The emergence of yoga therapy in the United Kingdom began about 45 years ago with the emergence of yoga therapy organizations that offered both treatment and training. The integration of yoga into the National Health Service (NHS) is gradually happening Because: (a) yoga research supports its efficacy as a cost-effective, preventive and complementary treatment for a host of non-communicable diseases; and (b) the escalating economic burden of long-term conditions is overwhelming the NHS.
The NHS is actively developing ‘sustainability and transformation plans’ that include yoga. Chief among these is ‘social prescribing,’ which empowers patients with complex health needs through activities groups. These activities reduce sedentary habits and social isolation, while helping patients to be more self-reliant. The NHS has allocated £450 million in funding to implement a variety of programs for its own staff, in which staff yoga classes were expressly mentioned. The yoga community is mobilizing forces and applying for funding to pilot relevant NHS staff yoga courses that can support the service in achieving its vision.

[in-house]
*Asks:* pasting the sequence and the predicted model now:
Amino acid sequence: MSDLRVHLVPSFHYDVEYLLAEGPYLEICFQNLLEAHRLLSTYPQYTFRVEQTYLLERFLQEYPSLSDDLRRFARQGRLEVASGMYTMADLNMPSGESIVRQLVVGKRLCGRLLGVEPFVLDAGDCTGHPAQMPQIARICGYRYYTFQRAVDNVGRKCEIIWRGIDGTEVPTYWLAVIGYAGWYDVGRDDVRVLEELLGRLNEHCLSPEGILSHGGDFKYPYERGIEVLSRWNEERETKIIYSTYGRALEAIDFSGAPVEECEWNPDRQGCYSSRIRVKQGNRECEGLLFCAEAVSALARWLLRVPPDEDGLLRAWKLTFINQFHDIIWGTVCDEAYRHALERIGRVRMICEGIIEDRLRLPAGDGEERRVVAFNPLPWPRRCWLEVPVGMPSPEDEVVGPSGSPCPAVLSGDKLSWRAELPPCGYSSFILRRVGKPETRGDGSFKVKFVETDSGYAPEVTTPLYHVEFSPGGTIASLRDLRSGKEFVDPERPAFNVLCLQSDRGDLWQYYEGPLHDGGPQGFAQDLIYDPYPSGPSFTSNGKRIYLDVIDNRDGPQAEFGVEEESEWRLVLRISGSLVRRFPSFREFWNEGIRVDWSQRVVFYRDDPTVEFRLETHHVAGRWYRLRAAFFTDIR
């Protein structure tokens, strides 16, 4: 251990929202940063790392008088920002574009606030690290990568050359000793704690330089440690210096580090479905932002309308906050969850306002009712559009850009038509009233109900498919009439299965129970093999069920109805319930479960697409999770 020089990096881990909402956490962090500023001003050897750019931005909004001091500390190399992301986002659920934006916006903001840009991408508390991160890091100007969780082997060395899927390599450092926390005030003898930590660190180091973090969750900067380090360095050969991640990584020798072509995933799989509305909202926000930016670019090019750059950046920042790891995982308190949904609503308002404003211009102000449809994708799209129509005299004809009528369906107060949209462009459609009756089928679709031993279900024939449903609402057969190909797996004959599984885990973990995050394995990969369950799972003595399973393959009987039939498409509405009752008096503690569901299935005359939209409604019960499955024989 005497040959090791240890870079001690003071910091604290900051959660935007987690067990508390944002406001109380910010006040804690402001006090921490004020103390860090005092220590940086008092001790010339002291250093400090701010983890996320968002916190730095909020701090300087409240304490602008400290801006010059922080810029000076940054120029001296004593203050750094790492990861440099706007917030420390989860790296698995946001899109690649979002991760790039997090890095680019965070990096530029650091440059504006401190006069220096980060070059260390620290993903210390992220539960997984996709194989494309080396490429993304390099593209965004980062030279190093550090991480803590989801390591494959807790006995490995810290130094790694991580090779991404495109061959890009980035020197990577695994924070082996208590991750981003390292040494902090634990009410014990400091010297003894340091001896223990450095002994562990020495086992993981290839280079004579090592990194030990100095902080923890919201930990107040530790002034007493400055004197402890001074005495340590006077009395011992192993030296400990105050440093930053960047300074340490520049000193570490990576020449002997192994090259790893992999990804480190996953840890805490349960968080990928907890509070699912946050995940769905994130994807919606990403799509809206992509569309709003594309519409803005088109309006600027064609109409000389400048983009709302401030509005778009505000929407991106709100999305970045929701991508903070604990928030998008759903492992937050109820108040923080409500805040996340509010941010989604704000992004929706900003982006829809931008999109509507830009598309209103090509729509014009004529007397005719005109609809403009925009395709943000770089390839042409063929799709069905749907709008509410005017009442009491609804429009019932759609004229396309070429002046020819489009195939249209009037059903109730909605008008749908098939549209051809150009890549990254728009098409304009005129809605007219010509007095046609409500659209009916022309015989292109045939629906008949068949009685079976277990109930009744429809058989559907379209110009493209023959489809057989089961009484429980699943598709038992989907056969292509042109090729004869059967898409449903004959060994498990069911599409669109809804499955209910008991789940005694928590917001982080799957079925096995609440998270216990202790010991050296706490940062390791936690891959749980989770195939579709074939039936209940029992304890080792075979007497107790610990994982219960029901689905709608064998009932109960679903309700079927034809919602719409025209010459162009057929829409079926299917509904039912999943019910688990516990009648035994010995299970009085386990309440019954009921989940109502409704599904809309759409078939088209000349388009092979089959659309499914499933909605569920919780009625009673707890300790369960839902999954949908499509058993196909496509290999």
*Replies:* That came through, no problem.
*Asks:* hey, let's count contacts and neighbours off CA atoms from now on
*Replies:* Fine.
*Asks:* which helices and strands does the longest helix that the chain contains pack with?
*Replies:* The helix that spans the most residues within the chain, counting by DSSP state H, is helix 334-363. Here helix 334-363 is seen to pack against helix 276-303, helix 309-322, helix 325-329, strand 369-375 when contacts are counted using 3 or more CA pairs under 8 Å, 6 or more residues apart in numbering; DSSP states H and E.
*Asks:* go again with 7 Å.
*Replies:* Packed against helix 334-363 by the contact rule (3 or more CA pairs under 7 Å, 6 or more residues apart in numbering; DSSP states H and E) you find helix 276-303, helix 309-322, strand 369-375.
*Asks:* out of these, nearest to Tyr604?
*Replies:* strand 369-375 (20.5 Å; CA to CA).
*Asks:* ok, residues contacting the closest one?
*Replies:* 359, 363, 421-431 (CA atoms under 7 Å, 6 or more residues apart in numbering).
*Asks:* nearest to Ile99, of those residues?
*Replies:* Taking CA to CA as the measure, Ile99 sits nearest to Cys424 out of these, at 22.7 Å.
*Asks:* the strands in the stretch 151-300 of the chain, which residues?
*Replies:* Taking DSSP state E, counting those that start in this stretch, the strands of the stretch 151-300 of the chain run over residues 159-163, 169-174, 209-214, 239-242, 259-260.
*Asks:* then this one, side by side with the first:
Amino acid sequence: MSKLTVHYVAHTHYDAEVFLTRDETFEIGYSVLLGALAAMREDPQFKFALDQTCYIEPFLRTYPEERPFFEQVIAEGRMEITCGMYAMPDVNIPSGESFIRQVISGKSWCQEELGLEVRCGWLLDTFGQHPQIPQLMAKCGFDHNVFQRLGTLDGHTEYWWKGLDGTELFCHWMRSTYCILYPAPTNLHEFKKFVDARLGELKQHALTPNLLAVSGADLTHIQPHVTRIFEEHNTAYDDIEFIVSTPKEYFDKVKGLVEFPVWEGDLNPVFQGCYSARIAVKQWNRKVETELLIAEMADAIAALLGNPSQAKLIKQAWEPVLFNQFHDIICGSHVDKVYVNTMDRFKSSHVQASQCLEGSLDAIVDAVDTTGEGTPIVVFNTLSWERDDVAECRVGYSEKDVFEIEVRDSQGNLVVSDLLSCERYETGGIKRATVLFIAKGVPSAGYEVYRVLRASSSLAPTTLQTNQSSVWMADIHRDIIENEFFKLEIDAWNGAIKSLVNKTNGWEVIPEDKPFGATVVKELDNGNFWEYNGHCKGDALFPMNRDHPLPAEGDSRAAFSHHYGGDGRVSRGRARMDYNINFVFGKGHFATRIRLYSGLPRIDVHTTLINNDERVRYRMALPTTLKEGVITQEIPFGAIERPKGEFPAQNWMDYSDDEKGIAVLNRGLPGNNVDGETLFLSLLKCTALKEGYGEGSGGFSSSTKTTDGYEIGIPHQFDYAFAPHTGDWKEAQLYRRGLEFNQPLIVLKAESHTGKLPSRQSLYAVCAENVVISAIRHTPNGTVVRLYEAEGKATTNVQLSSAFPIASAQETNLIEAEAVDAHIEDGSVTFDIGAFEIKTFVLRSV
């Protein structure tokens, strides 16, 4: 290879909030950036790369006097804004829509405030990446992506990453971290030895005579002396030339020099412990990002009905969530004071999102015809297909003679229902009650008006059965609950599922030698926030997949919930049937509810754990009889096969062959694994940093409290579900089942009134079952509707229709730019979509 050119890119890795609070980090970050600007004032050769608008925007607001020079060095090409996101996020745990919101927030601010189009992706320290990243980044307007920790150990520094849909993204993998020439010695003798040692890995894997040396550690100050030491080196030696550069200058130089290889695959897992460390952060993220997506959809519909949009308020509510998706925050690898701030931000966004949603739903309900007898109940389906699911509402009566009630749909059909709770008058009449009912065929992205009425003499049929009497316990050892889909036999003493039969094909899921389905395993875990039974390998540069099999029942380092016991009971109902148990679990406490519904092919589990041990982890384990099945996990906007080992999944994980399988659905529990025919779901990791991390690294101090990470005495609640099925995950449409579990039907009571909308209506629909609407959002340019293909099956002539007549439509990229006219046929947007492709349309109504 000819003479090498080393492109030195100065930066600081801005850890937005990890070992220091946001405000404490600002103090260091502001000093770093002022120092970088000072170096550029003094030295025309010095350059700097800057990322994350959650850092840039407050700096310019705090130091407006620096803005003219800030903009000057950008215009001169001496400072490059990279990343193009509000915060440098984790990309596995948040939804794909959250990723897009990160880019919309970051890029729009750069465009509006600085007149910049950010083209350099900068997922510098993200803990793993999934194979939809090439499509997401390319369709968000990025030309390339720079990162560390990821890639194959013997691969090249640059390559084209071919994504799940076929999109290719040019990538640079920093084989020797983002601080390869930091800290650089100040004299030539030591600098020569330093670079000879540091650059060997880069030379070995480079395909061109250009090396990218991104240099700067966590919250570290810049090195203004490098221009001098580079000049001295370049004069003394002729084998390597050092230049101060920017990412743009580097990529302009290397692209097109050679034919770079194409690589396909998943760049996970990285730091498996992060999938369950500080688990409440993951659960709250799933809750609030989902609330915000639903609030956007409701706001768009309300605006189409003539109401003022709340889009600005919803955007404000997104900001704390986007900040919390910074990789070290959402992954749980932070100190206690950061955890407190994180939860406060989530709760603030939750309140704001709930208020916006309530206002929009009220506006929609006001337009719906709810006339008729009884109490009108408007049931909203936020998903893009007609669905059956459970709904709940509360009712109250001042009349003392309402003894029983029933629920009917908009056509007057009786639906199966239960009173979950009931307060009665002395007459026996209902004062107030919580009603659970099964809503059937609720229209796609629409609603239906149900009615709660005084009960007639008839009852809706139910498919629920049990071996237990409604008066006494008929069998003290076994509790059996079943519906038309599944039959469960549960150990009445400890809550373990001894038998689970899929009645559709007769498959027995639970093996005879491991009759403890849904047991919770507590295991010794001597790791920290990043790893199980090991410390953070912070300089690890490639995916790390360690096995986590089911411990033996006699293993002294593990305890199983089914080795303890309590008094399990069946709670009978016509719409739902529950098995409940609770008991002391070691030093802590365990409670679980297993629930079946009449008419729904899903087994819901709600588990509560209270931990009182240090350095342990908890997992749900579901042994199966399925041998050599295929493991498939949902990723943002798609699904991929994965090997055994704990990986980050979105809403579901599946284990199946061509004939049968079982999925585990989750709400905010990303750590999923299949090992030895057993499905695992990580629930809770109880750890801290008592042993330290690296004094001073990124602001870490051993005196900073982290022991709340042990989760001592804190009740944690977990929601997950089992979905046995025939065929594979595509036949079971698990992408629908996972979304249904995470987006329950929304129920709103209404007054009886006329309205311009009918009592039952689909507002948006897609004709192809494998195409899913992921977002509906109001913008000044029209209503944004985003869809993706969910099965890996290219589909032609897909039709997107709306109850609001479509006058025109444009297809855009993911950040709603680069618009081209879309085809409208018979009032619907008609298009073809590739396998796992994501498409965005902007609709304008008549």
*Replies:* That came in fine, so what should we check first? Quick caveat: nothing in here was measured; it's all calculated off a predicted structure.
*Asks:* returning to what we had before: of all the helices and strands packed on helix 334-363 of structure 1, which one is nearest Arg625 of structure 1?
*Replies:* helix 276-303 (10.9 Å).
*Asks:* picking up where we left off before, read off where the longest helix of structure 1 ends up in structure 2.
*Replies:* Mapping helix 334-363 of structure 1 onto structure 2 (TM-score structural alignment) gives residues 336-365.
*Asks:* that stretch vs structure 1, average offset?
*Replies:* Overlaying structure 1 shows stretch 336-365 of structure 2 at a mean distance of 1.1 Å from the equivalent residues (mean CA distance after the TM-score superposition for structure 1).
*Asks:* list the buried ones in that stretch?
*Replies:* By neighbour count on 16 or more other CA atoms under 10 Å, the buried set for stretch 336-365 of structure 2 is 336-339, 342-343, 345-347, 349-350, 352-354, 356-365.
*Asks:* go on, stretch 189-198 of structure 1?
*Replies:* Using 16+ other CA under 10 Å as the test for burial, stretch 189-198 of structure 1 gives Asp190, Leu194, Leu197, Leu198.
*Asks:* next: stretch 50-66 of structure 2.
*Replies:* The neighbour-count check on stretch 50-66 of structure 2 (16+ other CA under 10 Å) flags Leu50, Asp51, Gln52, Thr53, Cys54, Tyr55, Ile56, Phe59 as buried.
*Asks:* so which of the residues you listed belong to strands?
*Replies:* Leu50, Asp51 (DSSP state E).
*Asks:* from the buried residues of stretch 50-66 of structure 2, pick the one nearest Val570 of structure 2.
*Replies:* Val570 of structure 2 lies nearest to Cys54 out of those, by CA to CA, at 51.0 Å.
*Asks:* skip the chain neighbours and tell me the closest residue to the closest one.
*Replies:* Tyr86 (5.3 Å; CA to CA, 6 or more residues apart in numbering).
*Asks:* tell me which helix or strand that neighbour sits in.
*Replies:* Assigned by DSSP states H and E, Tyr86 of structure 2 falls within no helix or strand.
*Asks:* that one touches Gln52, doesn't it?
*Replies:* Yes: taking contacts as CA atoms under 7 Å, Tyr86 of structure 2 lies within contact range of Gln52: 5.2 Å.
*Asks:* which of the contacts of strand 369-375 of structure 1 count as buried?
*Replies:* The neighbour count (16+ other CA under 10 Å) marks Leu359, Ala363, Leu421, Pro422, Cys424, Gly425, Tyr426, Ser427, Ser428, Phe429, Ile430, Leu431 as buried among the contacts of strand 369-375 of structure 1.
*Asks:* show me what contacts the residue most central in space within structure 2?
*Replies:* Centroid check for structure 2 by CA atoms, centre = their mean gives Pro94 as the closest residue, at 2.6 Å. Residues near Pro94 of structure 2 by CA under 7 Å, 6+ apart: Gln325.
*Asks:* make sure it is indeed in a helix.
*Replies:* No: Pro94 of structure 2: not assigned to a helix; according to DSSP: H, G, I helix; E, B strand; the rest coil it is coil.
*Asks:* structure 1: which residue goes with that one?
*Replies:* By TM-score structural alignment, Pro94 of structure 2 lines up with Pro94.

Research shows that integrating yoga therapy for the treatment of low back pain (LBP) into the NHS would result in significant cost savings as compared with usual care. The National Institute for Health and Care Excellence (NICE) Guidelines on LBP and sciatica include yoga as one of the recommended treatments for these conditions. Three groups of yoga teachers, using different yoga practices, have gained traction with the NHS for the application of yoga therapy to LBP. Many regional hospitals in England have yoga classes. The NHS Choices website, which conveys information to the public regarding treatment options, has a page dedicated to the health benefits of yoga. Several institutions offer comprehensive training programs in yoga therapy and yoga therapy is recognized as an official profession.
The Yoga in Healthcare Alliance has been established to help integrate yoga therapy into the NHS. This consists of parliamentarians, leaders in the NHS, yoga researchers, health professionals, and representatives from leading yoga organizations.